Marine Protected Areas (MPAs) are an important conservation tool. For marine predators, recent research has focused on the use of Species Distribution Models (SDMs) to identify proposed sites. We used a maximum entropy modelling approach based on static and dynamic oceanographic parameters to determine optimal feeding habitat for black-legged kittiwakes (Rissa tridactyla) at two colonies during two consecutive breeding seasons (2009 and 2010). A combination of Geographic Positioning System (GPS) loggers and Time-Depth Recorders (TDRs) attributed feeding activity to specific locations. Feeding areas were <30 km from the colony, <40 km from land, in productive waters, 25–175m deep. The predicted extent of optimal habitat declined at both colonies between 2009 and 2010 coincident with declines in reproductive success. Whilst the area of predicted optimal habitat changed, its location was spatially stable between years. There was a close match between observed feeding locations and habitat predicted as optimal at one colony (Lambay Island, Republic of Ireland), but a notable mismatch at the other (Rathlin Island, Northern Ireland). Designation of an MPA at Rathlin may, therefore, be less effective than a similar designation at Lambay perhaps due to the inherent variability in currents and sea state in the North Channel compared to the comparatively stable conditions in the central Irish Sea. Current strategies for designating MPAs do not accommodate likely future redistribution of resources due to climate change. We advocate the development of new approaches including dynamic MPAs that track changes in optimal habitat and non-colony specific ecosystem management.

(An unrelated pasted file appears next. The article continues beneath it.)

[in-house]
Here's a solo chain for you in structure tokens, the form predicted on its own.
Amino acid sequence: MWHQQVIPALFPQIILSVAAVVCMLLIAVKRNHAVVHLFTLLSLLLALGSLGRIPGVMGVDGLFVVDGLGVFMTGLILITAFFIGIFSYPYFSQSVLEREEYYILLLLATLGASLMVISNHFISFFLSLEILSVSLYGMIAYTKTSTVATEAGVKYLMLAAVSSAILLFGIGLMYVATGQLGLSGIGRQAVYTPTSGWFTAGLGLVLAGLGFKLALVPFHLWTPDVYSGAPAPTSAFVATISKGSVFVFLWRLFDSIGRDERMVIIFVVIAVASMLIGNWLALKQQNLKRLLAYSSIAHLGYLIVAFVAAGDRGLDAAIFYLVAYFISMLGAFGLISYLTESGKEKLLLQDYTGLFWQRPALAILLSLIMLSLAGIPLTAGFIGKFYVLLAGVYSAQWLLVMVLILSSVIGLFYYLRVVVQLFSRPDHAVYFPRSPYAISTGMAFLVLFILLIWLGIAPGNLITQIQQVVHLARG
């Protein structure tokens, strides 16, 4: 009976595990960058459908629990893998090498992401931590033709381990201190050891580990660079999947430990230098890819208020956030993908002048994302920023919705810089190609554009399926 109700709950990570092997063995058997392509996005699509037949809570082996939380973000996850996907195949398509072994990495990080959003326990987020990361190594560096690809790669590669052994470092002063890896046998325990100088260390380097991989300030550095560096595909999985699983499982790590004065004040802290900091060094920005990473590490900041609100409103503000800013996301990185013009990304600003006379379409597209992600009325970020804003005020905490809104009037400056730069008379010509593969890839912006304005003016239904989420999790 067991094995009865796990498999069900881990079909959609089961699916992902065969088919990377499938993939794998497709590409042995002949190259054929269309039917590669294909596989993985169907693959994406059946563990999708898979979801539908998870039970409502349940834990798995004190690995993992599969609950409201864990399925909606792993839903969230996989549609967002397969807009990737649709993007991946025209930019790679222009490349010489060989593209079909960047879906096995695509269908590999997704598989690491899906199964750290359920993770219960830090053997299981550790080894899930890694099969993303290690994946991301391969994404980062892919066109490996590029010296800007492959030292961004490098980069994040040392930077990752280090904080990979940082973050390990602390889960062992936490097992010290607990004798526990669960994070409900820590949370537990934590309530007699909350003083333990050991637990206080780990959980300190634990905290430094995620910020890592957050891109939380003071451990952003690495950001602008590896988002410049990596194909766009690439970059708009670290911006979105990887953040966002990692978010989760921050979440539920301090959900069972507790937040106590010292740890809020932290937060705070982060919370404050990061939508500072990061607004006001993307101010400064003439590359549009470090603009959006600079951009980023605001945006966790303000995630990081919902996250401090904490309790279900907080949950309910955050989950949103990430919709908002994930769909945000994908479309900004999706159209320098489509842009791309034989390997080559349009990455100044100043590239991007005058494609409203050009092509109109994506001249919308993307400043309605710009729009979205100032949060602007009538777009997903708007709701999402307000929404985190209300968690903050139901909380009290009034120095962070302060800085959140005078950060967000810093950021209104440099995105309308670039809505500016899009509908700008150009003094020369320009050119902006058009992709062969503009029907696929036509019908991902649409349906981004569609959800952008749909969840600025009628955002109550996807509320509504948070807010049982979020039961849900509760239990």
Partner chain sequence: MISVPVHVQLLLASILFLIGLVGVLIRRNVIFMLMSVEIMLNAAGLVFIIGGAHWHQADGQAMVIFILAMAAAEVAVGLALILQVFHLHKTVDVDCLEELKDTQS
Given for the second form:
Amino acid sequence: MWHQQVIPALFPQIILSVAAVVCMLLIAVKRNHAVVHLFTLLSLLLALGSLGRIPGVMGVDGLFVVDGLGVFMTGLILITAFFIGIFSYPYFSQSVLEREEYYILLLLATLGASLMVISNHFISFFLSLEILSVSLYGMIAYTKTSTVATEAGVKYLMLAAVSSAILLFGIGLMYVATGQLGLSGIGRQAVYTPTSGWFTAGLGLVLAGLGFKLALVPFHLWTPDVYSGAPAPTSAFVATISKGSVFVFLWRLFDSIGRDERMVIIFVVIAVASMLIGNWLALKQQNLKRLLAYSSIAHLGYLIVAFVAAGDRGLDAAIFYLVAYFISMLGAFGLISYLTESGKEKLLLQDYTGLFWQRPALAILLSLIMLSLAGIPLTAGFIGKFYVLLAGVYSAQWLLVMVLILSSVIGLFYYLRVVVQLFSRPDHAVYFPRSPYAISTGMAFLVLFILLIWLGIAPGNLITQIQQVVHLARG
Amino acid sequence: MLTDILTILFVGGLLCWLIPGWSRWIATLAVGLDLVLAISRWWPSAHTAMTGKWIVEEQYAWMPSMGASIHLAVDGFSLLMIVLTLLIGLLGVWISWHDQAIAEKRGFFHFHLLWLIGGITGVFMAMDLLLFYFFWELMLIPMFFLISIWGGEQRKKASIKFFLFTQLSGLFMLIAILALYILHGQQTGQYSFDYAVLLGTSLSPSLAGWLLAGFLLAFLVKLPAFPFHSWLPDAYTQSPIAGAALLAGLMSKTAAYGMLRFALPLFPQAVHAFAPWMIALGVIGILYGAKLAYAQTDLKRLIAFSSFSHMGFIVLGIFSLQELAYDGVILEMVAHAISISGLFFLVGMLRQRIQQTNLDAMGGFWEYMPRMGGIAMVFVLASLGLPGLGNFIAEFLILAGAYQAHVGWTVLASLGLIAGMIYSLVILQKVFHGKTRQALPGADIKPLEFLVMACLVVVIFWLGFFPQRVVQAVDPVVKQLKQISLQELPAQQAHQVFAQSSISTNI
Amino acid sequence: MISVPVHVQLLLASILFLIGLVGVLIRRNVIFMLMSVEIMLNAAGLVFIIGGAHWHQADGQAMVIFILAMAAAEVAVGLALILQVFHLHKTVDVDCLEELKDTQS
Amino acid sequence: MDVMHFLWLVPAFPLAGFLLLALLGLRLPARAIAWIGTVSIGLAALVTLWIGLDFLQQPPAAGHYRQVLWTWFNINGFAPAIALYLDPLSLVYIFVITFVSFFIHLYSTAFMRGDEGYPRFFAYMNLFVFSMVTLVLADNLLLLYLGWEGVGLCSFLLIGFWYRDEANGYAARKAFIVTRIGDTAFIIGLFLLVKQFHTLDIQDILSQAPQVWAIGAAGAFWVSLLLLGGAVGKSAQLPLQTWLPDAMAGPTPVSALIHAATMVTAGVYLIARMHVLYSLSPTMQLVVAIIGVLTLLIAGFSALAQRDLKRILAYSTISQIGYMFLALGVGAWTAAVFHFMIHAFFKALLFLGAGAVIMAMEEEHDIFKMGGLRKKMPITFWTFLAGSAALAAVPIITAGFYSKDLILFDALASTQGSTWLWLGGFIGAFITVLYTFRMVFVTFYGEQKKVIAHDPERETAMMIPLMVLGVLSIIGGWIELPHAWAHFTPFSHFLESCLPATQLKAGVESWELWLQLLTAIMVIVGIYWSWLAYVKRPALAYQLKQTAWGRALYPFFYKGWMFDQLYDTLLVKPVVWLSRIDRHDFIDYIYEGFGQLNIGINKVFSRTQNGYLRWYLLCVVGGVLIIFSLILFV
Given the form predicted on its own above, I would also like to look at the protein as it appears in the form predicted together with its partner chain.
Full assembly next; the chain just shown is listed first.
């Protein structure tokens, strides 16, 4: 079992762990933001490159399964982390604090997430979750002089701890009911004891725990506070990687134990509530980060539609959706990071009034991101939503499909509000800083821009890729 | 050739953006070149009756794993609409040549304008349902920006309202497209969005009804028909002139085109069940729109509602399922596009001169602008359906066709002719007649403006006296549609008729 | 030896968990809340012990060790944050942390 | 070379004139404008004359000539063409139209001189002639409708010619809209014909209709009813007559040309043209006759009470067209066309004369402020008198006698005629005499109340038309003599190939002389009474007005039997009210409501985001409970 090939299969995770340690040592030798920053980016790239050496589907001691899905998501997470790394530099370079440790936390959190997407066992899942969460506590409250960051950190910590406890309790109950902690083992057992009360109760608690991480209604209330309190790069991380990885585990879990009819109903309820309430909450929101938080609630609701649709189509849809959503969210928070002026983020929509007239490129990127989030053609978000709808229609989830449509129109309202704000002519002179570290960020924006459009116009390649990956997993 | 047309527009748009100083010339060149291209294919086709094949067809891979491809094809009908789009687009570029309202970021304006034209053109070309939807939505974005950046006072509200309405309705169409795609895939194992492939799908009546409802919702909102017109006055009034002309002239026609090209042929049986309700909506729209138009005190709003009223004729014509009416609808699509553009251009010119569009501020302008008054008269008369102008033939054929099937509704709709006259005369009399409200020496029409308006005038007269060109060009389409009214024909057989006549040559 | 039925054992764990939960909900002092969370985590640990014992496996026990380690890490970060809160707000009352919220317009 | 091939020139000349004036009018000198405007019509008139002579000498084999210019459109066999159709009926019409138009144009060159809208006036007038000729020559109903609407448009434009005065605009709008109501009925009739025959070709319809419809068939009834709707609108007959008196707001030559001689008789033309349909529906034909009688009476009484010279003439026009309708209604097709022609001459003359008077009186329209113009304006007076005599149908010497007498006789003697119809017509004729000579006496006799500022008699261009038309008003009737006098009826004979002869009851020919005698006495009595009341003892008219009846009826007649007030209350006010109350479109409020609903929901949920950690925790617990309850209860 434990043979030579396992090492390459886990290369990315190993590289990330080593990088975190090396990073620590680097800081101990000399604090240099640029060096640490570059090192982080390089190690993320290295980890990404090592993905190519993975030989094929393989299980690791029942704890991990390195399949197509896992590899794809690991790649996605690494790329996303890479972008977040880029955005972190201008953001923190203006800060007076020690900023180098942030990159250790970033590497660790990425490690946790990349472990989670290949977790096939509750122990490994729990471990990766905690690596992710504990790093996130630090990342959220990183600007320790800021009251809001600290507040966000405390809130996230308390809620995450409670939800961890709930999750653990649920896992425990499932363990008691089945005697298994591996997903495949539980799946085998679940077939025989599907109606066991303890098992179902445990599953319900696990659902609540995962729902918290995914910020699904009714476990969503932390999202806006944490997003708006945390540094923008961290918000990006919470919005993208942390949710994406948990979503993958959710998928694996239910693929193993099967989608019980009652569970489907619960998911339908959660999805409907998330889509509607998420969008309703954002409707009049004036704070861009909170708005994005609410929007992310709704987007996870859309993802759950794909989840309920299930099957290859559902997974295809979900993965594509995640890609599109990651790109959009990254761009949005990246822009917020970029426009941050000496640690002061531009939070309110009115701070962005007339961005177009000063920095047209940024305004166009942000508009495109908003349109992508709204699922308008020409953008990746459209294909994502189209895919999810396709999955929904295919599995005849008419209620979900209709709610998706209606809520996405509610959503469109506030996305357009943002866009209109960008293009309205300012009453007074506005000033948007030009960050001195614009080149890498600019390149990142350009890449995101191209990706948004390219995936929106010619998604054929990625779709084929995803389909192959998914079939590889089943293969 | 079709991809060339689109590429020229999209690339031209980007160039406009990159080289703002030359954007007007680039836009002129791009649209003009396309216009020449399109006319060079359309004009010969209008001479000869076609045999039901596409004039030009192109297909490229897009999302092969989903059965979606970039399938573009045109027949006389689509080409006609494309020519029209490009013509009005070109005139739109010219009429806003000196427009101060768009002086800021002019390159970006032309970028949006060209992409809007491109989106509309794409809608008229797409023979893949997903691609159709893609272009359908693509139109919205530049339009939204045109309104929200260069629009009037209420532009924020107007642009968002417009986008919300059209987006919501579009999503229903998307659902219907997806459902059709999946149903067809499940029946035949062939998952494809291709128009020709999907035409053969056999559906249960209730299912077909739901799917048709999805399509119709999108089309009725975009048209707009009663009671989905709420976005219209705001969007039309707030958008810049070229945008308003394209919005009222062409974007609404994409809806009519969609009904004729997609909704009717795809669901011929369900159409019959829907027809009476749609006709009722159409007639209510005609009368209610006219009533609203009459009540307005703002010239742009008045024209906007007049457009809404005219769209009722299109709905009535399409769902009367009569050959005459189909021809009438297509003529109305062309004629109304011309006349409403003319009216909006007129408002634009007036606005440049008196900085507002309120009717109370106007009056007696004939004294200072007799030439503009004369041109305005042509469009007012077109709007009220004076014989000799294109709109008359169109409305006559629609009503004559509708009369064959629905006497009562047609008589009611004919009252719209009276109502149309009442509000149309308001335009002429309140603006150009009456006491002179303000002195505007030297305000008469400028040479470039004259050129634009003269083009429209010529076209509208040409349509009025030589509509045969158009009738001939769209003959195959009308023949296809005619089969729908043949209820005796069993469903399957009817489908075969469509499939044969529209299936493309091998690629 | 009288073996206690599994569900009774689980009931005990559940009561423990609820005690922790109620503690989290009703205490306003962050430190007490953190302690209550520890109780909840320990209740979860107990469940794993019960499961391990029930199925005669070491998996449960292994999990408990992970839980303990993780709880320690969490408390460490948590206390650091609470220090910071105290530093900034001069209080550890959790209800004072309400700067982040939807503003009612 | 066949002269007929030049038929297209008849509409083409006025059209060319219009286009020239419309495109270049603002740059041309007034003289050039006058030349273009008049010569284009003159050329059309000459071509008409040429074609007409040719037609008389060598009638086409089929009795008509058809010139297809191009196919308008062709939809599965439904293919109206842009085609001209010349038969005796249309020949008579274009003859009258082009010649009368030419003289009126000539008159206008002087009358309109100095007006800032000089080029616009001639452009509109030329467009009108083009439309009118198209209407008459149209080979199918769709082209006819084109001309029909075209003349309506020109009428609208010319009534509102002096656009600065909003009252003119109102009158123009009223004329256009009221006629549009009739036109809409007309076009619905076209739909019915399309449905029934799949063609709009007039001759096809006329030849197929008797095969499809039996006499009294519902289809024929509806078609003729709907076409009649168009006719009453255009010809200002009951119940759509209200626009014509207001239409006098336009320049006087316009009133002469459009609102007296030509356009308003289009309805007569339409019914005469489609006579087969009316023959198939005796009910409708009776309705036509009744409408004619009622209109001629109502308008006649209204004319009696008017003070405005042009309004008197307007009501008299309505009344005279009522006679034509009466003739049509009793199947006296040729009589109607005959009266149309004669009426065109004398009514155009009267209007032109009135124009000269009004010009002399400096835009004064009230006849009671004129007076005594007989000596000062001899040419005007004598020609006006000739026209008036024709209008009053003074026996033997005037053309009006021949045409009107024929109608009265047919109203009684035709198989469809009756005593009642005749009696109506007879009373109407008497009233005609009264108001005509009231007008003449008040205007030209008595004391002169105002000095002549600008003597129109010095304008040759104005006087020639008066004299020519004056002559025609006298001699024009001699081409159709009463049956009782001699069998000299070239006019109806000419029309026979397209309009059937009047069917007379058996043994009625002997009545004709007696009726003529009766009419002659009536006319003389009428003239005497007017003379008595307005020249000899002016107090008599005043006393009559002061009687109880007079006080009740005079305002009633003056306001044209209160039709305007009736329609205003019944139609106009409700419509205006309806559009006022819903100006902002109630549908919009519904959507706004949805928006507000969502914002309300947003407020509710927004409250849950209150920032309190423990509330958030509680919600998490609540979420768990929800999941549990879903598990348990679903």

- GPS loggers
- Optimal habitat
- species distribution modeling
- Time-depth recorders
ASJC Scopus subject areas
- Ecology, Evolution, Behavior and Systematics
- Nature and Landscape Conservation